The Food and Drug Administration's warning system is getting out of control. At some point, a company will get hurt by the agency's rabid warnings -- and take its investors down with it.
Earlier this month, the agency warned that Johnson & Johnson's
Then yesterday, the agency slapped a warning about liver toxicity on Roche's prescription weight-loss drug, Xenocal, and its over-the-counter little brother, Alli, sold by GlaxoSmithKline
In both instances, the warnings aren't likely to cost the companies that much money. But how long will it be until the agency steps over the line from cheaply absurd to costly absurd? Maybe it already has: The agency did turn down Glaxo and XenoPort's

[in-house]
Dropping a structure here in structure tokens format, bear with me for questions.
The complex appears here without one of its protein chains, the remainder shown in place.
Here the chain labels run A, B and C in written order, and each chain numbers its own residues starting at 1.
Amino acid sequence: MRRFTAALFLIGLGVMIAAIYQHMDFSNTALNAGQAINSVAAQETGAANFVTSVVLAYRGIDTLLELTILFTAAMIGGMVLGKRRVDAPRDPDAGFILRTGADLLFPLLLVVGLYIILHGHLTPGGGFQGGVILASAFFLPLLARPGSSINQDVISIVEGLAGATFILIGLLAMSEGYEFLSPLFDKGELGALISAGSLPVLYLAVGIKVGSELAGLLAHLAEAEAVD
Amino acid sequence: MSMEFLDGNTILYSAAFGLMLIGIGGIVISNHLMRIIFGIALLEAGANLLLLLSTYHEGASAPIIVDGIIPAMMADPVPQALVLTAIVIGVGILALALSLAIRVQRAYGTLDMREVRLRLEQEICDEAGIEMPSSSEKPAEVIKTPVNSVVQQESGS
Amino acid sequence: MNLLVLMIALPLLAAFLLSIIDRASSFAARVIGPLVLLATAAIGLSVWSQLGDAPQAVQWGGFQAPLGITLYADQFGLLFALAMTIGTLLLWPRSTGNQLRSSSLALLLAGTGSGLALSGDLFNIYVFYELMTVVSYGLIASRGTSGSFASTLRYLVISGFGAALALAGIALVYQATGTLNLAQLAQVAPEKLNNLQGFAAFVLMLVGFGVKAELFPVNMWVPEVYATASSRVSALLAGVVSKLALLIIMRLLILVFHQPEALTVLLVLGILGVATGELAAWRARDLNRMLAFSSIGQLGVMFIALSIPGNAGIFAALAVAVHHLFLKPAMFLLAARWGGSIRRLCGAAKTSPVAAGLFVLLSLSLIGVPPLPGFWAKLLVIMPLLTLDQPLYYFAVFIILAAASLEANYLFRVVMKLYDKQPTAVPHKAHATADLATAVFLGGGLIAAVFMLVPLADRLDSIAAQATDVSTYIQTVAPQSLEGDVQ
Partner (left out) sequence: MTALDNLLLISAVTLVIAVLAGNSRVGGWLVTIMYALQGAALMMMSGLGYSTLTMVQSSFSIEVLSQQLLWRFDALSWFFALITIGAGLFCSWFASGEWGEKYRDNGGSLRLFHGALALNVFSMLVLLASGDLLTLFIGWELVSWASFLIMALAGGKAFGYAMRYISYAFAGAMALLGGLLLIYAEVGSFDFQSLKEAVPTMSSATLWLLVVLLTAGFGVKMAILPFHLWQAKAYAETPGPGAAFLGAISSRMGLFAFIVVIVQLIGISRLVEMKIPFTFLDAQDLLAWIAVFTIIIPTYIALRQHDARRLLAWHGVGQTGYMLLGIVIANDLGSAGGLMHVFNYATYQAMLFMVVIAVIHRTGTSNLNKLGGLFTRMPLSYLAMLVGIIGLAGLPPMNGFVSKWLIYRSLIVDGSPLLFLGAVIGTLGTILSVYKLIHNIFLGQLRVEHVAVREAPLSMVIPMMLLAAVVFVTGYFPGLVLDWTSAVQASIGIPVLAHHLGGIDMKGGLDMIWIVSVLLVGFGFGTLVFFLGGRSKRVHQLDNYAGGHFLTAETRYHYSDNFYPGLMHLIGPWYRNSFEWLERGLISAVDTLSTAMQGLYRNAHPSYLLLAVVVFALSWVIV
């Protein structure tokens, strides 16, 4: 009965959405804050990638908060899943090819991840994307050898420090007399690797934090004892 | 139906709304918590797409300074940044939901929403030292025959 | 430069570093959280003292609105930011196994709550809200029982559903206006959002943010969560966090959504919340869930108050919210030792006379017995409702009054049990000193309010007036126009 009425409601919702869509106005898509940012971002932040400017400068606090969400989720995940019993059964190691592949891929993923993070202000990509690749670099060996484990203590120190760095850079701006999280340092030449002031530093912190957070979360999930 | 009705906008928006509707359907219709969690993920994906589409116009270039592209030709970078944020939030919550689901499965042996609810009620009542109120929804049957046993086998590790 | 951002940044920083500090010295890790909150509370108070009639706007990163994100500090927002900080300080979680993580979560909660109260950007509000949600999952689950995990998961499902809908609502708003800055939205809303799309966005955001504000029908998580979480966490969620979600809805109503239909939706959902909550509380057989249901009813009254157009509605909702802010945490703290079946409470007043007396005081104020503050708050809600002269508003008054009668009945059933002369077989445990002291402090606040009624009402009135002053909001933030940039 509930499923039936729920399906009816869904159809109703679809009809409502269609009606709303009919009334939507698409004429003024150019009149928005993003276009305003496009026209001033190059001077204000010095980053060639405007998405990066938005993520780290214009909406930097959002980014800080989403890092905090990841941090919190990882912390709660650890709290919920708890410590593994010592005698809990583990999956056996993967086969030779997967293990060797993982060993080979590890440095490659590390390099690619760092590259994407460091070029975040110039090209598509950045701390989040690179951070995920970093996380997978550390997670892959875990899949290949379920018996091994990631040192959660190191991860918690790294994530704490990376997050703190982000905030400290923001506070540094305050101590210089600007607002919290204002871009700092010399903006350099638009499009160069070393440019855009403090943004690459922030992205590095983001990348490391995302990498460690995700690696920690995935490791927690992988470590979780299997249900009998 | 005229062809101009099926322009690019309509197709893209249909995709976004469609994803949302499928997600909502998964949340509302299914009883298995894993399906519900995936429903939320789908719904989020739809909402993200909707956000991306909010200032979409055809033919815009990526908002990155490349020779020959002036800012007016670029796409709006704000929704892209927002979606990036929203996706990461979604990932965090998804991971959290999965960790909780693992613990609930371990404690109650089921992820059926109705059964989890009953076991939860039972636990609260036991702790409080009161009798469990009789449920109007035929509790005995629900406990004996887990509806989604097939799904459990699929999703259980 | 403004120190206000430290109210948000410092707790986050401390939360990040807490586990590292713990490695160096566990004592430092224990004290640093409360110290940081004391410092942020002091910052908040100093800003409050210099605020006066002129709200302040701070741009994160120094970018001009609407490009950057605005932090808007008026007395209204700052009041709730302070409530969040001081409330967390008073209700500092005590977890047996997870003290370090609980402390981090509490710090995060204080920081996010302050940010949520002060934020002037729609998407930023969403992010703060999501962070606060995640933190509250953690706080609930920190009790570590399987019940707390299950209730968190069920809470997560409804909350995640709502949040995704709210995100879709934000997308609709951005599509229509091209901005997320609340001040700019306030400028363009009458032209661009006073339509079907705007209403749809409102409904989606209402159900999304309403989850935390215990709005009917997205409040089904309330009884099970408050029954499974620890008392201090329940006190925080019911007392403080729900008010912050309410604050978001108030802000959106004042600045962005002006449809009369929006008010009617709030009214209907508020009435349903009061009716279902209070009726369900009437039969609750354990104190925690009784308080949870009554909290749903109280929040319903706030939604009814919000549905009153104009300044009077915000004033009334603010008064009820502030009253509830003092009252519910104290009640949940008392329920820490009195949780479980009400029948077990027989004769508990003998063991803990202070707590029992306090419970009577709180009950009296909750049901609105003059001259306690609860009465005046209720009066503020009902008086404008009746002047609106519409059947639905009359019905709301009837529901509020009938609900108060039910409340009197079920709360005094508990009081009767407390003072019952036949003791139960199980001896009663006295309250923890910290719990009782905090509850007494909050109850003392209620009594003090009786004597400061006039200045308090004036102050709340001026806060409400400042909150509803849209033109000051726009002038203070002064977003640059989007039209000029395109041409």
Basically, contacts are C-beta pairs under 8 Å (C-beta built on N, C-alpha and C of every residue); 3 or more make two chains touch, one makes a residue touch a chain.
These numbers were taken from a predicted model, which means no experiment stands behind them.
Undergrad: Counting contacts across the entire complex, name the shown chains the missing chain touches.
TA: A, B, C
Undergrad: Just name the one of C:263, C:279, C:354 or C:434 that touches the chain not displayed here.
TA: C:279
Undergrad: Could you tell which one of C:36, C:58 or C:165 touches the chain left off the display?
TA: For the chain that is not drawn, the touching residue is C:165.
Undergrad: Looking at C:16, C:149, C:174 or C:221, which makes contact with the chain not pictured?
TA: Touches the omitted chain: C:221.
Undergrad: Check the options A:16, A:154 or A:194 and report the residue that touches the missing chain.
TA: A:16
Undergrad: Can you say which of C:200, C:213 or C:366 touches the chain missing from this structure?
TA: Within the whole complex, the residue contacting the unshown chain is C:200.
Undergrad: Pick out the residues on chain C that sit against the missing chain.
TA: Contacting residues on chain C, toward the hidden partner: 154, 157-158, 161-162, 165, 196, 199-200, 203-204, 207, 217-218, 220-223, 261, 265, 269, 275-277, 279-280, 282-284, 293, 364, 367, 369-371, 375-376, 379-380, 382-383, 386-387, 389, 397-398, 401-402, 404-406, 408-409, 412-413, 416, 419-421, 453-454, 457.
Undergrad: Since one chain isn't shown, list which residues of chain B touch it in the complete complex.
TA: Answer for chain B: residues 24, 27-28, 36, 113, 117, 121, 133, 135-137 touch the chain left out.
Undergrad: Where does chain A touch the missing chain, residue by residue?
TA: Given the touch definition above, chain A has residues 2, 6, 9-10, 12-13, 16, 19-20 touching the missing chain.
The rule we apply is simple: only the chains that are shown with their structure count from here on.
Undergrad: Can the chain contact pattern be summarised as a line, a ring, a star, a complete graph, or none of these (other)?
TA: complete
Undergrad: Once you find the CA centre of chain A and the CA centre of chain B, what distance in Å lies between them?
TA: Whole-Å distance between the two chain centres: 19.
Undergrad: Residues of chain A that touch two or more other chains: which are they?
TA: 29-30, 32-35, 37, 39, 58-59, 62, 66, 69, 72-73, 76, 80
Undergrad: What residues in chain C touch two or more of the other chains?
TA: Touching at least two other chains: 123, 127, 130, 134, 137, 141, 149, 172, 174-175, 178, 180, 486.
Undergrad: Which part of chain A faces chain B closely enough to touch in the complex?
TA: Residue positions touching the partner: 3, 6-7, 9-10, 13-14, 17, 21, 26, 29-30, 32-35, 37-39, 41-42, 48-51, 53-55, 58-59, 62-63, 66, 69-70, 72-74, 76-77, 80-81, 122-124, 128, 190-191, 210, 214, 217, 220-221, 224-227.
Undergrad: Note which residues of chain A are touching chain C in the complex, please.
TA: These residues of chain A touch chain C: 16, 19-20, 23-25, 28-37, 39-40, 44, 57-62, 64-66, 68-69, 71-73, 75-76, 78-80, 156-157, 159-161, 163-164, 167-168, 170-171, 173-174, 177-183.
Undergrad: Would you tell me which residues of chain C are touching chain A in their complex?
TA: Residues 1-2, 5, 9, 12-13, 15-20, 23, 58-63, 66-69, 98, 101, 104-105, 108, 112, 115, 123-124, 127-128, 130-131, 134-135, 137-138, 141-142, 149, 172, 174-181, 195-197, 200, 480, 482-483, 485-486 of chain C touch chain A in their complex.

The wonkiness of the FDA's actions makes it hard for investors to figure out what the agency will do. Investors in Novo Nordisk
Obviously, the agency has to do its job and make sure unsafe drugs stay off the market. But this Fool would appreciate it if the FDA would spend more time getting drugs approved, and less time worrying about idiots who swallow topical medications and rare side effects that might not even be real.
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